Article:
Table 3 The catalytic performance of [Ru]-1 and [Ru]-2

image file: c8qo00902c-u3.tif

Entry [Ru] x y Yieldsa (%)
3a 4a 5a Unreacted 1a
a NMR yields using 1,3,5-trimethoxybenzene as an internal standard (average of two consistent runs). b 1a (1.25 mmol), 2a (1.38 mmol), [Ru]-1 or [Ru]-2 (1.00 mol%), Cs2CO3 (y mol%) and toluene (1.5 mL) at refluxing temperature for 36 h. c In a sealed tube under argon. d 1a (2.50 mmol), 2a (2.75 mmol), [Ru]-1 or [Ru]-2 (0.50 mol%), Cs2CO3 (1.00 mol%) and toluene (3.0 mL) at refluxing temperature for 36 h.
1b [Ru]-1 1.00 0.00 0 21 0 75
2b [Ru]-1 1.00 1.00 90 6 3 0
3b [Ru]-1 1.00 2.00 91 2 3 0
4b [Ru]-1 1.00 3.00 89 4 4 0
5b [Ru]-2 1.00 2.00 90 3 4 0
6b,c [Ru]-1 1.00 2.00 65 10 7 15
7b,c [Ru]-2 1.00 2.00 63 12 8 16
8d [Ru]-1 0.50 1.00 88 2 8 0
9d [Ru]-2 0.50 1.00 86 3 9 1

Since [Ru]-1 was proposed to undergo ligand exchange with the solvent toluene to generate [Ru]-2, it was necessary to further evaluate its catalytic activities in non-arene solvents (as shown in Table 4). In an open argon flow, the reaction could almost finish after 16 h, and extension of the reaction time resulted in a slightly increased yield of 3a (entries 1 and 2). If the reaction was conducted in a closed system, much lower conversion and amide selectivity were obtained (entries 3 and 4). Furthermore, non-arene solvents such as THF or cyclohexane were also attempted (entries 5–8). THF provided good amide selectivity although the reaction was incomplete even after 36 h (entries 5 and 6). In contrast, cyclohexane led to a complicated mixture of all three compounds (entries 7 and 8). These results verified that [Ru]-1 should also be an important intermediate for this catalysis.

Table 4 The catalytic activities of [Ru]-1 in non-arene solvents

image file: c8qo00902c-u4.tif

Entry Solvent Time (h) Yieldsa (%)
3a 4a 5a Unreacted 1a
a NMR yields using 1,3,5-trimethoxybenzene as an internal standard (average of two consistent runs). b In an open argon flow. c In a closed vessel under argon.
1b Toluene 16 88 3 4 3
2b Toluene 36 91 2 3 0
3c Toluene 16 51 8 6 32
4c Toluene 36 65 10 7 15
5c THF 16 72 2 2 22
6c THF 36 85 4 3 7
7c Cyclohexane 16 35 26 12 22
8c Cyclohexane 36 42 30 15 10

Based on the above experiments and the reported results,53,58 we proposed a possible pathway for the L15/Ru-catalyzed amide formation (as shown in Fig. 5). A mixture of [RuCl2(p-cymene)]2, L15 and Cs2CO3 in refluxing toluene affords two Ru complexes, namely [Ru]-1 and [Ru]-2. Besides, treatment of these two Ru species with alcohol 1 gives key Ru-alkoxide intermediate I, which could go through a similar pathway as proposed by Huynh et al.53 β-Hydride elimination of I gives rise to a hydrido complex II bound with the corresponding aldehyde, which reacts with 2 to deliver intermediate III with liberating one molecule of H2. Furthermore, III could be subsequently transformed into Ru monohydride species IVvia β-hydride elimination. Finally, ligand substitution with 1 releases amide 3 and hydrido complex V, which eliminates one H2 molecule for the regeneration of intermediate I to fulfill the catalytic cycle.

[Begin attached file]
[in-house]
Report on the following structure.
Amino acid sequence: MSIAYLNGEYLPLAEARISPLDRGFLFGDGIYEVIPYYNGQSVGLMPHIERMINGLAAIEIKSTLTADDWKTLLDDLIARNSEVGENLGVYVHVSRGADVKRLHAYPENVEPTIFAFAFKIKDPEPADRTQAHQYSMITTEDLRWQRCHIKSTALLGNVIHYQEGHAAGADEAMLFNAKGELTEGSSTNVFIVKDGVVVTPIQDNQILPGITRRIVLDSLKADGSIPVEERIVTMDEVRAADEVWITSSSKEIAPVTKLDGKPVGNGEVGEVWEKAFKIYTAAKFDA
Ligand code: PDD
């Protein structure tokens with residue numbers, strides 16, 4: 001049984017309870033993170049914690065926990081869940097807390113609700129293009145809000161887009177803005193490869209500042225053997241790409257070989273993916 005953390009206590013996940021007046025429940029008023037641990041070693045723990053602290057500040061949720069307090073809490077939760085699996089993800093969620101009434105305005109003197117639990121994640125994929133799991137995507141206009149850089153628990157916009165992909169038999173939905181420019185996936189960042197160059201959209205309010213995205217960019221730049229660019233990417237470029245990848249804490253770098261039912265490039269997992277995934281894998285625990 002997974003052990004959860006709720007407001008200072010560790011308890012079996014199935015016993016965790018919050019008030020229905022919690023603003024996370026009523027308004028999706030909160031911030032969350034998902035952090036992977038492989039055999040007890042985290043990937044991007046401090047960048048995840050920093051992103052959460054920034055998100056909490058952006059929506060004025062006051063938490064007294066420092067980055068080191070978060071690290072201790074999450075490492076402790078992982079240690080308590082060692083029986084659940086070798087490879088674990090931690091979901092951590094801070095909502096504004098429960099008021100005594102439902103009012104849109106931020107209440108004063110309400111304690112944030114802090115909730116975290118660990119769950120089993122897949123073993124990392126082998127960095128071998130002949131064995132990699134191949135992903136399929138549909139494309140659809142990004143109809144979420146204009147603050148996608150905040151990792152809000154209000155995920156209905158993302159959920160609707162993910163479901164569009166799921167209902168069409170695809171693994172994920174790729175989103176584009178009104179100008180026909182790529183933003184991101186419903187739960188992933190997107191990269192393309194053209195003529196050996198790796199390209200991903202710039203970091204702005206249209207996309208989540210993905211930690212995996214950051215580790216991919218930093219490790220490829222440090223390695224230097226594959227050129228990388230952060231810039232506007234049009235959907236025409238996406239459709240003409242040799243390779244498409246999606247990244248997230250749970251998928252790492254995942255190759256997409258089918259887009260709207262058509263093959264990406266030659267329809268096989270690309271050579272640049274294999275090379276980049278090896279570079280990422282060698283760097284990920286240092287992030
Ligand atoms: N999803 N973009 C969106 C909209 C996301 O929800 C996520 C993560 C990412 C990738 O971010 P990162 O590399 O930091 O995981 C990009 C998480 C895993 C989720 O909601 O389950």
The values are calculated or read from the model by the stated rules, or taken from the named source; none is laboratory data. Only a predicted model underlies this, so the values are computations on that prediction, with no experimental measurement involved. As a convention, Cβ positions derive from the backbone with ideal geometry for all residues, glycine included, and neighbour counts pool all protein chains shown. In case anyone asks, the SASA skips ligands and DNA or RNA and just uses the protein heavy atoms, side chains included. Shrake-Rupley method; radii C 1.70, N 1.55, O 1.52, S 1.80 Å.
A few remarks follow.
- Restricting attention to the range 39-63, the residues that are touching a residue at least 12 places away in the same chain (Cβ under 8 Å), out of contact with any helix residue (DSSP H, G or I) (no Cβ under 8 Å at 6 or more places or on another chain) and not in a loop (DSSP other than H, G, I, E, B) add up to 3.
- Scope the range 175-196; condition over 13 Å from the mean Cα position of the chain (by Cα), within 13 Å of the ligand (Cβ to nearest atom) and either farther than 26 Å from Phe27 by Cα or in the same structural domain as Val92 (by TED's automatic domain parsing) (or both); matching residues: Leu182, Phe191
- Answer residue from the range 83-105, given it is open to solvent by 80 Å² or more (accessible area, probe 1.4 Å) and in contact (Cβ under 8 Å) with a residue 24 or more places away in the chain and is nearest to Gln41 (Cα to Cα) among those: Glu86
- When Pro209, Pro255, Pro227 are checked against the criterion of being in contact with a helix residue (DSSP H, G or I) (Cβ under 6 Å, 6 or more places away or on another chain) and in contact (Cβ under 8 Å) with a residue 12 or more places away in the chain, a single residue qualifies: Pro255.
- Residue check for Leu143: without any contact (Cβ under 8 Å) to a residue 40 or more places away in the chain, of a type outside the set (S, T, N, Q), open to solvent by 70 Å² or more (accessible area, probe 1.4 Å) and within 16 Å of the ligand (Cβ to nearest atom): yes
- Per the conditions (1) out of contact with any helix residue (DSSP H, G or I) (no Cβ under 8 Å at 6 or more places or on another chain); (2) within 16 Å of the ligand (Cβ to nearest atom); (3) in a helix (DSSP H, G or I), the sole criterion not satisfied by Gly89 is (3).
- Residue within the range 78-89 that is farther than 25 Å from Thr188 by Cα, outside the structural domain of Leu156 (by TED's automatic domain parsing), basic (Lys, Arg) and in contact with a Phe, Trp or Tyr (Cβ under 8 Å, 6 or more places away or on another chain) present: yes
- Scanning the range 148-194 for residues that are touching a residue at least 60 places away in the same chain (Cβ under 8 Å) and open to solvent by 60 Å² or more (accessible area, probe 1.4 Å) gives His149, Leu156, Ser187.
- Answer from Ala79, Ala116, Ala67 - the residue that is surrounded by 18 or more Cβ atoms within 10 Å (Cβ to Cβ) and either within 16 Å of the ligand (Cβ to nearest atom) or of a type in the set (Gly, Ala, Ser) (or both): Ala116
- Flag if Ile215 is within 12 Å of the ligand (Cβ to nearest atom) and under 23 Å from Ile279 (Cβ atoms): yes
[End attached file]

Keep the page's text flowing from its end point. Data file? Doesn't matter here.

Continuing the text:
image file: c8qo00902c-f5.tif
Fig. 5 The proposed mechanism for the NHC/Ru catalyzed amidation of alcohols with amines.


General considerations

All reactions were carried out using standard Schlenk techniques or in an argon-filled glove box unless otherwise mentioned. 1H-NMR spectra were recorded on a Bruker Avance 500 spectrometer in CDCl3 or DMSO-d6 with TMS as the internal reference, and 13C-NMR spectra were recorded in CDCl3 on a Bruker Avance 500 (126 MHz) spectrometer. The following abbreviations are used to designate multiplicities: s = singlet, brs = broad singlet, d = doublet, t = triplet, q = quartet, dd = doublet of doublets, td = triplet of doublets, m = multiplet. Singe crystal structures of [Ru]-1 and [Ru]-2 were obtained using a Bruker APEX-II CCD diffractometer. Melting points were taken on a Buchi M-560 melting point apparatus and are uncorrected. HR-MS analysis was done with a Bruker Daltonics microTOF-QII instrument or a Thermo Fisher Q Exactive Mass Spectrometer. All the substrates and solvents were obtained from commercial suppliers and used as received without further purification.

General procedure for the synthesis of L1–L16 (Scheme 1)

To a 25 ml Schlenk flask was added benzimidazole or its derivative (7.50 mmol, 1.50 equiv.), an aryl iodide (5.00 mmol, 1.00 equiv.), CuI (0.50 mmol, 10 mol%), KOH (10.0 mmol, 2.00 equiv.) and DMSO (8 mL). Then the reaction mixture was stirred at 110 °C under an argon atmosphere. After the reaction was complete (as indicated by TLC), the resulted suspension was filtered through Celite, and water (20 mL) was added to the filtrate. Then the solution was extracted with dichloromethane (3 × 20 mL), and the combined organic layers were washed with water (2 × 50 mL), brine (50 mL), dried over Na2SO4, filtrated and concentrated under reduced pressure to obtain the crude product 6, which was purified by silica gel chromatography and directly used for the next step. Furthermore, a mixture of 6 (1.00 mmol, 1.00 equiv.) and an alkyl iodide (2.0 mmol, 2.00 equiv.) and acetone (3 mL) were stirred at refluxing temperature for 12 h. The solvent was then removed under reduced pressure, and the residue was washed a few times with acetone or a mixture of petroleum ether and acetone to provide pure compounds L1–L16. The characterization data and the corresponding spectra of all the NHC precursors could be found in the ESI.